Legislation can originate from either the Peers or the Deputies. It is convention, however, that the Government (as it commands a majority of the Chamber of Deputies) runs the timetables for debate and decides which bills get onto the floor, so it is overwhelmingly the Deputies that proposes legislation. It is voted on in several distinct stages, called readings, in each house. First reading is merely a formality. Second reading is where the bill as a whole is considered. Third reading is detailed consideration of clauses of the bill.

    In addition to the three readings a bill also goes through a committee stage where it is considered in great detail. Once the bill has been passed by one house it goes to the other and essentially repeats the process. If after the two sets of readings there are disagreements between the versions that the two houses passed it is returned to the first house for consideration of the amendments made by the second. If it passes through the amendment stage Royal Assent is granted and the bill becomes law as an Act of Parliament.

    The Government is made up of the Cabinet, the Civil Service and the Crown. Though in the pre-constitutional days, the Sovereign could act with royal prerogative, it is now the Cabinet and permanent secretaries in the Civil Service that use these powers on a daily basis. The Crown does, however, maintain the authority to dismiss and appoint Prime Ministers without being consulted by Parliament. They can appoint members to the Decemviri, a privy council-styled organisation that helps advise the Sovereign and issue executive instruments called Orders of the Crown. They also can issue Orders of the Decemviri, which allows instructions to regulate public institutions to be given. They also advise on Royal Charters, but other than that Cabinet does most of the work of governing. Typically the Decemviri includes most senior members of the Government both politically and apolitically (i.e. permanent secretaries), traditionally ten members.

    Below is a chart that explains the role of each branch of government:

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  • The Chamber of Deputies (Chambre des députés)

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    The Chamber of Peers (Chambre des pairs)

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  • Political Parties:

    • Gallic Christian Democratic Party (Christian democracy, centre-right politics, neoliberalism, conservatism, Gallic exceptionalism): This is one of the oldest political parties in Gallorum. Beginning in 1801 as the Royalist Party, this is a party that believes in the traditional values of Gallorum and largely positions itself on the centre-right. Les Gals or Parti Democratique (roosters in Occitan, the names of members of the PDCG) believe firmly in the power of capitalism and do their best to run an efficient, low regulation economy. However, their Christian roots encourage them to provide an equally efficient safety net based on getting people out of welfare and tough situations into work. This party does not believe in LGBTQI rights to marriage, though have grown into tolerance for persons of LGBTQI orientations. Rurally, this party is far more conservative than its suburban base can be. The PDCG largely views itself as the natural party of governance. Current opposition majority party, Gaulois blue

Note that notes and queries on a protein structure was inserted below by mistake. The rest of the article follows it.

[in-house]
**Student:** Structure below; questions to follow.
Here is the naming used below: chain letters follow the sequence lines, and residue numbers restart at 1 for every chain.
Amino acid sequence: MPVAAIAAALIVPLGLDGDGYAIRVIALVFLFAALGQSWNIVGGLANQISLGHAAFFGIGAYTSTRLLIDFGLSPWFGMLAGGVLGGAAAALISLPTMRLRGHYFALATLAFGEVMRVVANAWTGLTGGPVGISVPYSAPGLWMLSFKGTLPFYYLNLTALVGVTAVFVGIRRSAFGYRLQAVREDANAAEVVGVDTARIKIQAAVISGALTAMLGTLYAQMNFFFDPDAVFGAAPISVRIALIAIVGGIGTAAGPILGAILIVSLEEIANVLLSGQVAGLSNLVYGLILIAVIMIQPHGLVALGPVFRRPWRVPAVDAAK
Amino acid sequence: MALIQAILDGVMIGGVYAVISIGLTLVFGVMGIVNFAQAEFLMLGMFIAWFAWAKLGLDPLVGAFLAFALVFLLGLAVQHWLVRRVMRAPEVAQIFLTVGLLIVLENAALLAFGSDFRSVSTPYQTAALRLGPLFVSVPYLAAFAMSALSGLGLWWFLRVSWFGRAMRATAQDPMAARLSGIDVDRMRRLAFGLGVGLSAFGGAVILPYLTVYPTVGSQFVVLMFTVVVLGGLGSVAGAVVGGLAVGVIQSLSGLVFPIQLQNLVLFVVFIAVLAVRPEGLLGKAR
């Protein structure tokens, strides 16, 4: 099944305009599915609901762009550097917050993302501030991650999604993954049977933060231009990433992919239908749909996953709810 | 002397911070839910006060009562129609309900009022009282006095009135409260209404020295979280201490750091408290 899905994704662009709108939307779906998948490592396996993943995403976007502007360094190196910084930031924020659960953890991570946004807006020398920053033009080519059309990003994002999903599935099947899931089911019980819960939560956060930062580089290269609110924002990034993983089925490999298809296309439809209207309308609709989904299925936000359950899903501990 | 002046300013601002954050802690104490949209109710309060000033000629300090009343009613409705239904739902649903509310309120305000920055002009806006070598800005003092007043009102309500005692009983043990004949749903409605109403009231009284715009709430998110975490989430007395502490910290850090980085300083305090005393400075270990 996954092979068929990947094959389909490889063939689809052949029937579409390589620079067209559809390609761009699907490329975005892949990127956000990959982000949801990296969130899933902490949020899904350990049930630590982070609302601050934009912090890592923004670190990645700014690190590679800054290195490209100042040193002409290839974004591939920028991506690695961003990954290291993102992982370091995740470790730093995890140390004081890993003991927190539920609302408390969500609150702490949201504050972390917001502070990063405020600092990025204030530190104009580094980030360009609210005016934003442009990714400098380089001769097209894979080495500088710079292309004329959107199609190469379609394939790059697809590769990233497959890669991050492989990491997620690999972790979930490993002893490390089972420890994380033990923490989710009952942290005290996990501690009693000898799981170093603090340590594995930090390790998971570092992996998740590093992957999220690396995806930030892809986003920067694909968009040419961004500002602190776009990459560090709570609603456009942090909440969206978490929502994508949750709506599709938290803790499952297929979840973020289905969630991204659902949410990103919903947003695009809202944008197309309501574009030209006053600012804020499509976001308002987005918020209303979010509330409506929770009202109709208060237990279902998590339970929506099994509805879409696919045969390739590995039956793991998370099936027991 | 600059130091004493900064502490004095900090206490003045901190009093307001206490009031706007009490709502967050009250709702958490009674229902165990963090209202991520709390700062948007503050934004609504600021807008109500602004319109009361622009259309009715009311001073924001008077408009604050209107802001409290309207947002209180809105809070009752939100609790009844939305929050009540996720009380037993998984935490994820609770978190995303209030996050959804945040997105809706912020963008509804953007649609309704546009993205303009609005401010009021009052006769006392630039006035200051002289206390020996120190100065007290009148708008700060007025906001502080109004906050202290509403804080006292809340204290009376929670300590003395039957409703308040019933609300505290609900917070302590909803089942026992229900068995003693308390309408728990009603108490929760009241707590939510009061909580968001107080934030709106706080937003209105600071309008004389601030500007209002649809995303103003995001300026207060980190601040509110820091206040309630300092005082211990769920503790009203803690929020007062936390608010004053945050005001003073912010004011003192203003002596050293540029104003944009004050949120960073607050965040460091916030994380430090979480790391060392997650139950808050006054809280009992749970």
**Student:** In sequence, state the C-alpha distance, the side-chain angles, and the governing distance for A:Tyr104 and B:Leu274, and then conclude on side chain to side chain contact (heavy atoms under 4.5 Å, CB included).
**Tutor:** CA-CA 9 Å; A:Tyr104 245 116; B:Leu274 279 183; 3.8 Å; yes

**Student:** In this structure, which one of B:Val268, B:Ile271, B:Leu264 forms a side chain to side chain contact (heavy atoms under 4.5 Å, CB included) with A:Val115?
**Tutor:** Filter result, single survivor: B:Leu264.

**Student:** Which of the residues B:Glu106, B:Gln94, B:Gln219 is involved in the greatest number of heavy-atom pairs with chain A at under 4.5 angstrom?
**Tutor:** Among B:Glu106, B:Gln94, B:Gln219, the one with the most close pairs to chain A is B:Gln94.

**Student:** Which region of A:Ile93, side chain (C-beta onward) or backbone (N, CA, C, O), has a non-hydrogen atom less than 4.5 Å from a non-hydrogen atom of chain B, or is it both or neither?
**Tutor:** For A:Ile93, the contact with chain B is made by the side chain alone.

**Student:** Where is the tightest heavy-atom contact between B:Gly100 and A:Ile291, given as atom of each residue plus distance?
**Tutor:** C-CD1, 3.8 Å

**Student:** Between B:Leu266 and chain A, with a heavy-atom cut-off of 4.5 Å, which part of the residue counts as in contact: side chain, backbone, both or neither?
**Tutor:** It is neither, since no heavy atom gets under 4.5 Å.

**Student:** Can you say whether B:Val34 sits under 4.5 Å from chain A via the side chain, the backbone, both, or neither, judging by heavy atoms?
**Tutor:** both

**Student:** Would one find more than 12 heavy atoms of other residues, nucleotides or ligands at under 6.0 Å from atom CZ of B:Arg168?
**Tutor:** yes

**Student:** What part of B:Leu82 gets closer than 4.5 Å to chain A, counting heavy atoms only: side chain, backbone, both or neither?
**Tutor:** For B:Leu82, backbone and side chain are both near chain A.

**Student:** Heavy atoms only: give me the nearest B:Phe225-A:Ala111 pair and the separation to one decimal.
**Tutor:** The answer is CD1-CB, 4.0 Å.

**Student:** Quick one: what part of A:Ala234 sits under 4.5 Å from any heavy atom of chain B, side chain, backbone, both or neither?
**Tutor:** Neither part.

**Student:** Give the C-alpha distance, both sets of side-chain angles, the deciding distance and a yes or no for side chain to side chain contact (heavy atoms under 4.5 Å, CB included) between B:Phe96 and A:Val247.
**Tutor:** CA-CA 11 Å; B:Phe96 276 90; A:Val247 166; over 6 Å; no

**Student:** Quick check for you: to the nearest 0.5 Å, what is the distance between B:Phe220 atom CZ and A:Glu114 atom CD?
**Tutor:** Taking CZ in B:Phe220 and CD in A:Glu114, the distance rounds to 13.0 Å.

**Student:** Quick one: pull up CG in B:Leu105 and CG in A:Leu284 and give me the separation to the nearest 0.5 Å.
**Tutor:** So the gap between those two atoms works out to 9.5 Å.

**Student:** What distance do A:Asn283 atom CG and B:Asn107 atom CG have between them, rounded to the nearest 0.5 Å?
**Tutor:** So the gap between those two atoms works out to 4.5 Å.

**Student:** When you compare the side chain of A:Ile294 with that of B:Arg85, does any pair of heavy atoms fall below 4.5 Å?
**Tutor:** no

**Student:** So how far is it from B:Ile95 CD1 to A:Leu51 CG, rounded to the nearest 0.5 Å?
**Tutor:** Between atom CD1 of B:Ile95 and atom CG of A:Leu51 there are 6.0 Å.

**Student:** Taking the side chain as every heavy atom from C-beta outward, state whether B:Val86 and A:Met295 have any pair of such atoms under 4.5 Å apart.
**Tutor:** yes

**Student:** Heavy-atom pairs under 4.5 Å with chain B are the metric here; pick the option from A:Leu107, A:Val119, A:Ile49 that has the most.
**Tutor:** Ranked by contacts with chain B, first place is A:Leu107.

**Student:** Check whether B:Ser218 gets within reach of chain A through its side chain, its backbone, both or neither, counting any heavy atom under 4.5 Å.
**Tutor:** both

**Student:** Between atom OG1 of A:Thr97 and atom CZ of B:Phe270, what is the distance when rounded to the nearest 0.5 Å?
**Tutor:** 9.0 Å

• Social Democratic and Labour Party (Social democracy, democratic socialism, Third Way, progressivism): The third oldest political party and major party of the left, the Social Democratic and Labour Party (Parti social-democratie et travailliste, PSDT) otherwise known as the Parti Travailliste colloquially cam to represent the union of the socialist-Marxist movement and the union movement into a party that could win elections in 1911. The party champions and thrives on its representation of the working class people who needed protection of union rights, workers’ rights and mediation on wages while also securing the means of a welfare state and promoting nationalisation of key industries like energy, utilities and transport. More importantly, this party looks to the future far more and wants equality of opportunity via creation of new sectors of industry and jobs. Generally viewed as the party of protest, it has been in government 1 year for every 3 that the PDG has been in government. Current party of government. Red

    • Liberal Party of Gallorum (social liberalism, economic centrism, radical centrism, technocratic, pro-European, moderate progressivism): Known as the Parti Liberal, this was the leading opposition party to the PDG for many years until the PSDT rose in the early 20th century and became the leading opposition party. Notably in government from 1856-1880, and again from 1901-1917, the Liberal Party championed needed reforms through data collection, studies, and filling government with policy wonks. Now as a third party, it has played several roles in kingmaker in the parliament. The PLG views themselves as a sensible alternative to the radical progressive socialism that is the Travaillistes and stuck in the past conservatism of the Democratiques. Paisley blue

    • Les Verts (green politics): The Greens have been around since the 1970’s and the burst of the conservationist movement onto the European scene. Since then, they’ve been represented in the Gallorum Parliament with as many as 15-20 seats and as few as 4. The politics of this party can be hard to pin down, as it does change with its leaders. At present, they formed more of an eco-capitalist, centrist outlook on things but some could have seem them as ecosocialist, ecoanarchist in the 70’s and 80’s. Green